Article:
In fact we have no evidence that anyone went to the Americas after they were separated from the Asian landmass before the Vikings around 1000 (who, by the way, did not manage to do much conquering, despite their Europeanness.)
(I’m honestly baffled by all of this. The GREEKS knew about the Americas? Where is this even coming from? ’Brown people’ had peaceful trade and commerce with the Americas before Europeans came in and conquered? ???? I was too baffled to reply to this the first time it came around.)
Actually there is increasing, but still tentative, data that suggests contact between Pacific Islander populations and west coast South American groups. Occasional funerary assemblages, some material culture and, of course, the increasingly certain pre-conquest introduction of the domestic chicken support this hypothesis.
Polynesian and other PI populations were incredible navigators - they built boats that could easily traverse the pacific, they understood complex astronomical principles of navigation and they colonised most of the previously unihabited landmasses, including super remote ones like Rapa Nui.
Storey et al. 2013 Polynesian chickens in the New World a commensal approach. Archaeology in Oceania. 48: 101-119
Recovery of the head of Fortuna Huiusce Diei (“Fortune of this day”) during the excavations of Largo Argentina’s sacred area.
The Archaeology of Disease (UK/Europe)
The Archaeology of Disease (US/Worldwide Link)
by Charlotte Roberts and Keith Manchester. Rating: *****
“This is a essential if you’re studying diseases or taphonomy. It is fully illustrated with amazing case studies to display all diseases – ranging from simple fractures to malnutrition and infections.
Brilliant book, helped me a lot with my university Anthropology unit where I had to examine a bone and conclude which illness it had.”
Every week we highlight one archaeology/anthropology textbook from our suggested readings, a full list of our suggested resources can be found here, on our Useful Literature page.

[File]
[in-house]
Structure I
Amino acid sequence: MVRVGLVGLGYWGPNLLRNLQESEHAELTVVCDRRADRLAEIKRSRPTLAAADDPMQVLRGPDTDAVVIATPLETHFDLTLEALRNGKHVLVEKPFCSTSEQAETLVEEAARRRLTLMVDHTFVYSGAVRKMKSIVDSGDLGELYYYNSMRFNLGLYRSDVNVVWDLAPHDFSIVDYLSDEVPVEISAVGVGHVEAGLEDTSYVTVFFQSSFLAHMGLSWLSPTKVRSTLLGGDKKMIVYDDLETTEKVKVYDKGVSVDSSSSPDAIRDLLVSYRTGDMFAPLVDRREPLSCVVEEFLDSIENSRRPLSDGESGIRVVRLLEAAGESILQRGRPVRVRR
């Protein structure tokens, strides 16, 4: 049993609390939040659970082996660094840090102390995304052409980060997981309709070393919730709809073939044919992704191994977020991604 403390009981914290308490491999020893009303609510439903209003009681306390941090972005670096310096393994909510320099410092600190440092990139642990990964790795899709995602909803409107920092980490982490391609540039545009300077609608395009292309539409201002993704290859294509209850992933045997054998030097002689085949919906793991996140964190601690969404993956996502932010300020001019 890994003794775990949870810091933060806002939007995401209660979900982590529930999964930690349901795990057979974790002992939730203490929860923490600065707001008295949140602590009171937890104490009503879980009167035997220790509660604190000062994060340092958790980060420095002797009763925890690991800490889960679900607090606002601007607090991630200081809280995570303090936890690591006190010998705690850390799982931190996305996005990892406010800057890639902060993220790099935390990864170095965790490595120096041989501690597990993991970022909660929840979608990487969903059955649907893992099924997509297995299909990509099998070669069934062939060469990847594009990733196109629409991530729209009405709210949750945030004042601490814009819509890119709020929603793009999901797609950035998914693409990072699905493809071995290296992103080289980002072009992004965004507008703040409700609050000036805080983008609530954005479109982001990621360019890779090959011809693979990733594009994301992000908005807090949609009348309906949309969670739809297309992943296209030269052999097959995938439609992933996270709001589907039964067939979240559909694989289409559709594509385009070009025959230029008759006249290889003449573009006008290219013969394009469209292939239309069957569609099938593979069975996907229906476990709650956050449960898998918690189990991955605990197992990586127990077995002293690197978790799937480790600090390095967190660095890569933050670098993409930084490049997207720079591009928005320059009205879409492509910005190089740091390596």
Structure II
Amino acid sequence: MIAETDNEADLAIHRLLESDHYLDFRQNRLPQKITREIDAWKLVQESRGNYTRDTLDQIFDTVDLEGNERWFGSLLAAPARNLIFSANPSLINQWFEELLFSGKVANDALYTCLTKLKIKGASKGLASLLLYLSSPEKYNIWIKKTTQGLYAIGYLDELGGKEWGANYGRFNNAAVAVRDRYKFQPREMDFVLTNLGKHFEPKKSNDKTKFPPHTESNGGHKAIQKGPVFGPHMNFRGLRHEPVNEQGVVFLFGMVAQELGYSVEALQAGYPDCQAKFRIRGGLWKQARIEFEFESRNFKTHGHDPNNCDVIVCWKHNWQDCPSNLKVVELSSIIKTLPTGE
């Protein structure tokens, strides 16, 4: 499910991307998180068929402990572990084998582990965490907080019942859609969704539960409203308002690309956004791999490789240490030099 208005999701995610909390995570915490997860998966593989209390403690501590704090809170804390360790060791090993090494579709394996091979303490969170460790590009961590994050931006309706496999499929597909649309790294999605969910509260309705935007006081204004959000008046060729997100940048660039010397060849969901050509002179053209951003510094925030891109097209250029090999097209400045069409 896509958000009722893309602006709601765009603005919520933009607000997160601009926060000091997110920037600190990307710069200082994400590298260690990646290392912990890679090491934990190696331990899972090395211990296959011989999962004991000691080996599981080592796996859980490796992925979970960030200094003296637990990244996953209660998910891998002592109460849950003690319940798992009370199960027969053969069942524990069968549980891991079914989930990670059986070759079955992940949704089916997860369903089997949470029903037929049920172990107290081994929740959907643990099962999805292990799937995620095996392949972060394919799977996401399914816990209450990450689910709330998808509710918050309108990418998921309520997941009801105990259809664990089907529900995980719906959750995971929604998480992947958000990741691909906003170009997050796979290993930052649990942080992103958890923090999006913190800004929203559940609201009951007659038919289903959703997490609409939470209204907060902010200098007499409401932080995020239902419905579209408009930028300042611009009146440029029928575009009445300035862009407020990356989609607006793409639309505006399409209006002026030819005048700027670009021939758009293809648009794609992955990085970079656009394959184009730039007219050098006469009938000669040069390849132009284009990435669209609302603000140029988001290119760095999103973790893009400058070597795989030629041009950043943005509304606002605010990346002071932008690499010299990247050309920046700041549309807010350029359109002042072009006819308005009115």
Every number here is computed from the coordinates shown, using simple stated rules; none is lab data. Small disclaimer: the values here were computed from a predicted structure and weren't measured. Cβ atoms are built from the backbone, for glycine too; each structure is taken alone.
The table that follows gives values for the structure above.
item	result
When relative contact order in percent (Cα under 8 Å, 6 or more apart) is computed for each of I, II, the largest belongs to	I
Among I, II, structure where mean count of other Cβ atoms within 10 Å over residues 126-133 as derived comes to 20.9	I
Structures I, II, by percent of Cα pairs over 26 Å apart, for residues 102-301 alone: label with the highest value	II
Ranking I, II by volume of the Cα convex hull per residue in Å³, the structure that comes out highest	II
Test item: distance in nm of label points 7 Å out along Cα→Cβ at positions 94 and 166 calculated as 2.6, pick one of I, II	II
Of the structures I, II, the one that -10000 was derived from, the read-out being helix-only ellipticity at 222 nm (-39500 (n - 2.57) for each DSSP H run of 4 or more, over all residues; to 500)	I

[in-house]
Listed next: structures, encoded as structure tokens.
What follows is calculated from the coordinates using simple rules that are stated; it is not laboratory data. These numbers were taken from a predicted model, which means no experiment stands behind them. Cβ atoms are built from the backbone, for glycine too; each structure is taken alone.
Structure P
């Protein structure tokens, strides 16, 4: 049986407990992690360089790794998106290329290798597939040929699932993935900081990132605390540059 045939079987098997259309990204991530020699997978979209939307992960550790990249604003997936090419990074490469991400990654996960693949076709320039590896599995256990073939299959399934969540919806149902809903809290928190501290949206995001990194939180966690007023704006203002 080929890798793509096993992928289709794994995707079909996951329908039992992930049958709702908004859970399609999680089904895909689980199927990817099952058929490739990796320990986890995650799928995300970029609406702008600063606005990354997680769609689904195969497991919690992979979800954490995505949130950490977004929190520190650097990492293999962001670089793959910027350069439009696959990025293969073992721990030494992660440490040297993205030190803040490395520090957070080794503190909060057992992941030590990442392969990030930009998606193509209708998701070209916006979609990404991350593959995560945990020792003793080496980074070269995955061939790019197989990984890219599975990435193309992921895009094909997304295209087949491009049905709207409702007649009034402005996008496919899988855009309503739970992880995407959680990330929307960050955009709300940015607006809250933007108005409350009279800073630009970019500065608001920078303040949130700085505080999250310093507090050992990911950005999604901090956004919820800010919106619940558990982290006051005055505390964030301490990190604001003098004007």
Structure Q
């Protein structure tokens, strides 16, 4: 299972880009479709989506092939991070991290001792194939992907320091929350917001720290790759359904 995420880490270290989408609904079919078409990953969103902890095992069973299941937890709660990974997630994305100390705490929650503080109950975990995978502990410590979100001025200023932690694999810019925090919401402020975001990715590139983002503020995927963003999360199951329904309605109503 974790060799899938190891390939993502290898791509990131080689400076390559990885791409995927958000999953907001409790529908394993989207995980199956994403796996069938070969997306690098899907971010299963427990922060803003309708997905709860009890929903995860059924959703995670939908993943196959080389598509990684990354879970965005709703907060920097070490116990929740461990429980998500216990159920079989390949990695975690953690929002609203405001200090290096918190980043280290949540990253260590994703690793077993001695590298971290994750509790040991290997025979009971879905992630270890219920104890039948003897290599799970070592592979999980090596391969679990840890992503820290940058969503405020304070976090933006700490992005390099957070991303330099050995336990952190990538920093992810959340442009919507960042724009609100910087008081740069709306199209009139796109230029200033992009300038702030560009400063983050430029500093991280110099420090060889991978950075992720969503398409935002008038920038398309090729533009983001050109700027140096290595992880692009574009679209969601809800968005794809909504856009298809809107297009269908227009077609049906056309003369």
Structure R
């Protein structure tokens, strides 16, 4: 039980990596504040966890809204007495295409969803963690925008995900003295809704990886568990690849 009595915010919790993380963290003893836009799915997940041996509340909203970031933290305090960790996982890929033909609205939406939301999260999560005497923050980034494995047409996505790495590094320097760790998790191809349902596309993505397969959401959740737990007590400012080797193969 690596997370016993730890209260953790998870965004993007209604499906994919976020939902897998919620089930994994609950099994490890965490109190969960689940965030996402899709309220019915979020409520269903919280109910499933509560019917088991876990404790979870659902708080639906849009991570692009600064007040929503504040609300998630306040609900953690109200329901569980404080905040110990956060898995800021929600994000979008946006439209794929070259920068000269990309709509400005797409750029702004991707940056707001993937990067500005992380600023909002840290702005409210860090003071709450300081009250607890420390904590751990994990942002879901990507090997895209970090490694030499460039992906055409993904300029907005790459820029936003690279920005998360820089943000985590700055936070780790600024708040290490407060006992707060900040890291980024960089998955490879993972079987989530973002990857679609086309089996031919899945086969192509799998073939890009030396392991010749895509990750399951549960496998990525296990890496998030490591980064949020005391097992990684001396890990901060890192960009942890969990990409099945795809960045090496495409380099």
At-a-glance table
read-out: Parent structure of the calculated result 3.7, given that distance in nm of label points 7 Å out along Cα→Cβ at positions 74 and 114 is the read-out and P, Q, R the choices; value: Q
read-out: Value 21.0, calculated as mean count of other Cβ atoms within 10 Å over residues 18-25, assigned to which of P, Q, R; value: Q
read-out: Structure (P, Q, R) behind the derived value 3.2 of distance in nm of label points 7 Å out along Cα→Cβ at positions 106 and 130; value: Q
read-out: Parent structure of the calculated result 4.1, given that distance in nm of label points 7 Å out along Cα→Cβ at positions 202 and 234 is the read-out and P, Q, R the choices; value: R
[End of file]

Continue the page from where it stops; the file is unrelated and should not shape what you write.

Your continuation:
Puabi went to her grave at 40, surrounded by fifty-four attendants—mostly women with a spattering of soldiers—sacrificed to serve her in the afterlife.
Unlike the graves of most elite women in ancient Mesopotamia, Puabi’s tomb bears no distinct mention of a husband.The only evidence archeologists have found pointing to a husband at all are two cylinder seals buried with Puabi. One bears the name “Lugalsapada,” the other “Abarage.”
Some hypothesize that Abarage may have been Puabi’s husband given the seal’s location at her shoulder. However, no other references to Abarage exist, even in nearby tombs. Whoever Abarage was, s/he didn’t hold near the same power as Puabi herself.
Can you imagine how this woman looked standing in sunlight? With all her carnelians, lapis lazuli and gold beads, she must have been blinding.
#your life in the hands of a woman lit like sun
Forensic techniques have shed light on the gruesome fate of dozens of people whose severed heads were thrown into open pits 2,000 years ago and left there to decompose.
Excavated in the heart of London more than 25 years ago and dated to between 120 and 160 A.D., the skulls are believed to…